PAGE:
Health Ministry never crafted Narco Specialised Unit – CoI
Deadly Prison Riot
By Shemuel Fanfair
In light of prisoners of the Camp Street penitentiary who expressed that marijuana, among other contraband items, helps “to cool them
down”, the Commission of Inquiry report into the fatal Camp Street Prison fire observed that systems for the rehabilitation of substance abuse inmates were not put in place.
According to the report, commissioners noted that the law stipulates that persons who are convicted of narcotics offences should, under direction of a magistrate, attend “recovery courses” at Special Unit to be established by the Ministry of Health. However, it was pointed out that no such unit came into operation.
Under the section it was stated: “The provision in the Narcotics Act for persons convicted of narcotics offences to be directed by the
magistrate to attend recovery courses at a specialised Unit has never been made viable due to the Ministry of Health never having created the Unit.”
It was further pointed out by the commissioners that the absence of this unit meant that the already burdened Prison Service was forced to address this problem without the availability of the requisite professional resources.
Responding to concerns on how the non-establishment of this specialised unit would have affected the wellbeing of prisoners, attorney who represented the Prison Service Selwyn Pieters on Monday pointed to other jurisdictions where Drug Treatment Courts exist, which
have the mandate to oversee cases of drug offenders who “agree to participate in treatment” for associated substance abuse problems.
“In Canada, the United Kingdom, even Trinidad and Tobago, there are Drug Treatment Courts that deal with offenders or persons in conflict with the law who have criminogenic issues that are directly linked to their addiction,” he noted.
At the 3rd Graduation ceremony of the Drug Treatment Court in the twin-island republic, T&T’s Chief Justice Ivor Archie noted that Drug Treatment Courts are an excellent model for the incorporation of the principle of alternatives to incarceration, guided by the public health approach.”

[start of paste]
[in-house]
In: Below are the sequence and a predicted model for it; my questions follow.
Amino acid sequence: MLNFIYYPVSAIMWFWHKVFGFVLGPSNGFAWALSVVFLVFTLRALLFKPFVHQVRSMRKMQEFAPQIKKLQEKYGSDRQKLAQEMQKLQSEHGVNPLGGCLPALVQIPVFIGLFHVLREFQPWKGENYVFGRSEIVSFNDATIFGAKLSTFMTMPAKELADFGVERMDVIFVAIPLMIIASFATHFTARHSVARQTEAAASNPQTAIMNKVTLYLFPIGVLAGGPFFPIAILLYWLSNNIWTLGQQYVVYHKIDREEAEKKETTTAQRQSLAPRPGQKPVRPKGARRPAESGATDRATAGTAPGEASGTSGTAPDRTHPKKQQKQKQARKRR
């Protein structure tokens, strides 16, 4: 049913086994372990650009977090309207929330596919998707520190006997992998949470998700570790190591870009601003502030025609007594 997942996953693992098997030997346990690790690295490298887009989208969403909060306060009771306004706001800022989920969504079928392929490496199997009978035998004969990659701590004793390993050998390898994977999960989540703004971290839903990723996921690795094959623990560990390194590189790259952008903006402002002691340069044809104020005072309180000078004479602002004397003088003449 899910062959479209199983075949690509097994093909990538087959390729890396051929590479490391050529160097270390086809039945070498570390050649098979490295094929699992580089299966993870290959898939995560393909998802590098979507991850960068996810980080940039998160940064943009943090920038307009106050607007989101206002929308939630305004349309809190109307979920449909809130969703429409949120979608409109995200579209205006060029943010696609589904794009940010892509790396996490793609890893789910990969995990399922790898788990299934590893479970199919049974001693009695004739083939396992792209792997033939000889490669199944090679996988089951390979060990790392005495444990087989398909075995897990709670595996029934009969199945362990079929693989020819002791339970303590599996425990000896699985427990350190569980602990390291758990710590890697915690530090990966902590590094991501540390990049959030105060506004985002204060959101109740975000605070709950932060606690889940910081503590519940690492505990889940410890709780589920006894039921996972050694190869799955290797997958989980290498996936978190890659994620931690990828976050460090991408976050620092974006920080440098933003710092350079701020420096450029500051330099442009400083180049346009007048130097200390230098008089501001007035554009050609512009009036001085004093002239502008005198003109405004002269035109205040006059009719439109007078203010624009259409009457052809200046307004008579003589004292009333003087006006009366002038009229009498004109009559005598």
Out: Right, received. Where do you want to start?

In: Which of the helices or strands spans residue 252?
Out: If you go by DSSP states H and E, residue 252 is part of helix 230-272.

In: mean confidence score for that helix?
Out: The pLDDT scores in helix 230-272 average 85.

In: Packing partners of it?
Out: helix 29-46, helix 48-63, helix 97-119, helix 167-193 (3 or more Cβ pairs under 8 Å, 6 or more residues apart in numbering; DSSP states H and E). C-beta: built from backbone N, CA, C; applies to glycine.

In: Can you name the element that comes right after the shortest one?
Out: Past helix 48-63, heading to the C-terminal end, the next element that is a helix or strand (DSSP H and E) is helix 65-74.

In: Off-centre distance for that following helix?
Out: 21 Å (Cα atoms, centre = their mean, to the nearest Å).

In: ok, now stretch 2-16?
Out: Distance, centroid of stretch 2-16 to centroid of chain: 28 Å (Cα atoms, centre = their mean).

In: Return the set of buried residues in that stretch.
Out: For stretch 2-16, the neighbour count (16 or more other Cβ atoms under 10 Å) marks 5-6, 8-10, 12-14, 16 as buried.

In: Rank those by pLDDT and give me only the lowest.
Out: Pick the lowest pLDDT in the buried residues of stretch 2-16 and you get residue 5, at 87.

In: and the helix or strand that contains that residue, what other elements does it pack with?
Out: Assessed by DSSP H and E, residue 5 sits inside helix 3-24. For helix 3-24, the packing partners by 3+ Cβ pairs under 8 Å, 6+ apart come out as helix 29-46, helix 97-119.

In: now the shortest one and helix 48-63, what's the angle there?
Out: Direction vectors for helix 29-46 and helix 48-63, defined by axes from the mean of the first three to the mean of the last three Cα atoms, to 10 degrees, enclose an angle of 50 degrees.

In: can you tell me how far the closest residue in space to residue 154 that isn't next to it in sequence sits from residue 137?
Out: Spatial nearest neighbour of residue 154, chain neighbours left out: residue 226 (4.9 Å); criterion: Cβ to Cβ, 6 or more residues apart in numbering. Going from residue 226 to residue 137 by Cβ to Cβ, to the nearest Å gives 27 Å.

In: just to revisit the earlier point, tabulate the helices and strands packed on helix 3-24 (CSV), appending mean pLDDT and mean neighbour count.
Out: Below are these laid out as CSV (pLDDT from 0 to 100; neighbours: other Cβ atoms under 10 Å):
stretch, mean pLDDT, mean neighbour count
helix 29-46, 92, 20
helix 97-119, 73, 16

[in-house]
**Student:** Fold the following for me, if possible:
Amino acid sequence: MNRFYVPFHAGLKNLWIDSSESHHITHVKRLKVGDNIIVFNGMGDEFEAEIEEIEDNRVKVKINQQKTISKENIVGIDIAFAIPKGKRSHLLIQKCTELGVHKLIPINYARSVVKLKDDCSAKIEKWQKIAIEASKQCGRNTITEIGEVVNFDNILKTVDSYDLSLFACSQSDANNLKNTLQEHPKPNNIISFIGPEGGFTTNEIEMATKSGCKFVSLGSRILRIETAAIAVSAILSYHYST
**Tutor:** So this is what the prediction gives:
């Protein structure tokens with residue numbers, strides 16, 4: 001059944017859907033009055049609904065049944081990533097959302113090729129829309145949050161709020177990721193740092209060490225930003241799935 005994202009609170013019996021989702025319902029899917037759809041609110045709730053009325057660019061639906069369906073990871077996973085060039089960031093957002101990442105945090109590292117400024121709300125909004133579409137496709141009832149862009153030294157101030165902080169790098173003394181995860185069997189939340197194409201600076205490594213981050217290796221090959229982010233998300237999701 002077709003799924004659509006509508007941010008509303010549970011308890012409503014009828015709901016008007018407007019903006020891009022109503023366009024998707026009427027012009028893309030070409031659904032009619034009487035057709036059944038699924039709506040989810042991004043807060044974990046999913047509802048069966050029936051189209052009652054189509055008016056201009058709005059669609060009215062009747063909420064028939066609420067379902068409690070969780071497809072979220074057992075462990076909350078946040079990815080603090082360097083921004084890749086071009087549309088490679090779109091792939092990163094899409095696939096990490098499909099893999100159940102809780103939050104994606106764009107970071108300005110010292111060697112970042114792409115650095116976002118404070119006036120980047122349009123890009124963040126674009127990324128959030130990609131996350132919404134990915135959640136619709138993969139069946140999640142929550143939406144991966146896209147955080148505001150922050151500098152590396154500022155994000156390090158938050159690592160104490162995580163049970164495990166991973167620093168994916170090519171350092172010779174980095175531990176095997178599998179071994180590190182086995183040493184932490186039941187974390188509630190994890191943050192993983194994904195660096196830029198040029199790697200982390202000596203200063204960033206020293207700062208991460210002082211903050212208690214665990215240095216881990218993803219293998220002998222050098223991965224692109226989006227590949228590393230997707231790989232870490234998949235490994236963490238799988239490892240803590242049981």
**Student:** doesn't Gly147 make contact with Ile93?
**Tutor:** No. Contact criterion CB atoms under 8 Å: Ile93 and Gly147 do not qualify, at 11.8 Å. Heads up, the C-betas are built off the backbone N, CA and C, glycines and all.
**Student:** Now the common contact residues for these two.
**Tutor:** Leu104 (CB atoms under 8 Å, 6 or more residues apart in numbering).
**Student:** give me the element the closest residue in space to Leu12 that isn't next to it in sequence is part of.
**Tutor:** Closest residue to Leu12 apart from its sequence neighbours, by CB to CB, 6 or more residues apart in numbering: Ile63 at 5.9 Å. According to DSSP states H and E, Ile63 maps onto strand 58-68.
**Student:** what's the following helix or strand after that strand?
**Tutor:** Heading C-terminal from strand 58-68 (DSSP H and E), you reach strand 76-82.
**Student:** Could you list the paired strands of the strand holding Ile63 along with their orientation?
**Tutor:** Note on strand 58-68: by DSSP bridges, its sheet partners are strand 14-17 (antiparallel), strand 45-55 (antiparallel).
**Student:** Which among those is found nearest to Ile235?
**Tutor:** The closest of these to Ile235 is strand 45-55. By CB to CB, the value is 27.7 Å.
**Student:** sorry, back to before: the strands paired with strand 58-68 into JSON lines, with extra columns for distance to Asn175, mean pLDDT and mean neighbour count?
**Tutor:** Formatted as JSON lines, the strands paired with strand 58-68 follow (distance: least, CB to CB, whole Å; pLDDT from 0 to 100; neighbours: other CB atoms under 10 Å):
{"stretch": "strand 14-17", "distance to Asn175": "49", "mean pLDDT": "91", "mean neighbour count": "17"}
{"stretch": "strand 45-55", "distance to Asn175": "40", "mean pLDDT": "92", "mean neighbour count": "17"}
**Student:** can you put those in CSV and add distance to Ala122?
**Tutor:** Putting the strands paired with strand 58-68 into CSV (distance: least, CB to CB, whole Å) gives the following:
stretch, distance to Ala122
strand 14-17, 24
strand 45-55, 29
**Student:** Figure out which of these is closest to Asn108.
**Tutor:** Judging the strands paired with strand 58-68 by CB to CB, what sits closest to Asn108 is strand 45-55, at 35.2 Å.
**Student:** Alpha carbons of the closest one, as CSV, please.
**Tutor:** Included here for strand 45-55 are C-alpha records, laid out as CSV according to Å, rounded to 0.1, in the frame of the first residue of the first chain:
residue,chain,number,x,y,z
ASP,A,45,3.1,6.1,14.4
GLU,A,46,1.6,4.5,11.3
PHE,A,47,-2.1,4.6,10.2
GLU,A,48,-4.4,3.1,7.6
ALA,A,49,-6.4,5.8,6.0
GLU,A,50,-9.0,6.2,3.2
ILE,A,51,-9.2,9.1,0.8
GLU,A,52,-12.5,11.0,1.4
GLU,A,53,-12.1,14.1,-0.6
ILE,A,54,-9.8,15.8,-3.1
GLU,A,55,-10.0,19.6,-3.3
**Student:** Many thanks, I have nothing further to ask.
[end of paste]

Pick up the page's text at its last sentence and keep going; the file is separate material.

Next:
On March 2 a search at the Camp Street Prison unearthed a barrage of contraband items with several quantities of drugs being confiscated. Attorney Pieters rejected the supposition that heavy withdrawal symptoms from the sized drugs contributed to the rioting.
“There was no evidence led before the Commission of Inquiry to support a link or a nexus to any assertion that either withdrawal from marijuana or addictions to marijuana led to the events on March 02 and March 03, 2016,” Pieters told this newspaper.
When asked if the supposed medical conditions and non-establishment of the unit could absolve inmates of some of their criminal responsibility associated with the deadly prison fires, Pieters reasoned that it was in fact the “take-down” of two inmates which led to ghastly disturbances.
The CoI report further pointed out that indiscipline was well a part of the prisoners’ culture as the act of prisoners lighting fires as means of drawing attention to their causes are grossly irresponsible, despite their grievances over extended trial delays.
“It is strongly believed that the timing of highlighting their grievances was directly related to the contraband items which were confiscated during the Joint Services’ search on March 02, 2016,” observed the Commission.
It was further noted that inmates led by prisoner Shaka Mckenize created “an unnecessary hostile environment” in the Capital A Division by “reacting to the officers operational procedure of extracting ring leaders”.
“Prisoners acted recklessly in lighting fires to highly combustible material –mattresses- which give off toxins and act as accelerants. The burning of mattresses in such an enclosed environment was dangerous,” a section of the report pointed out.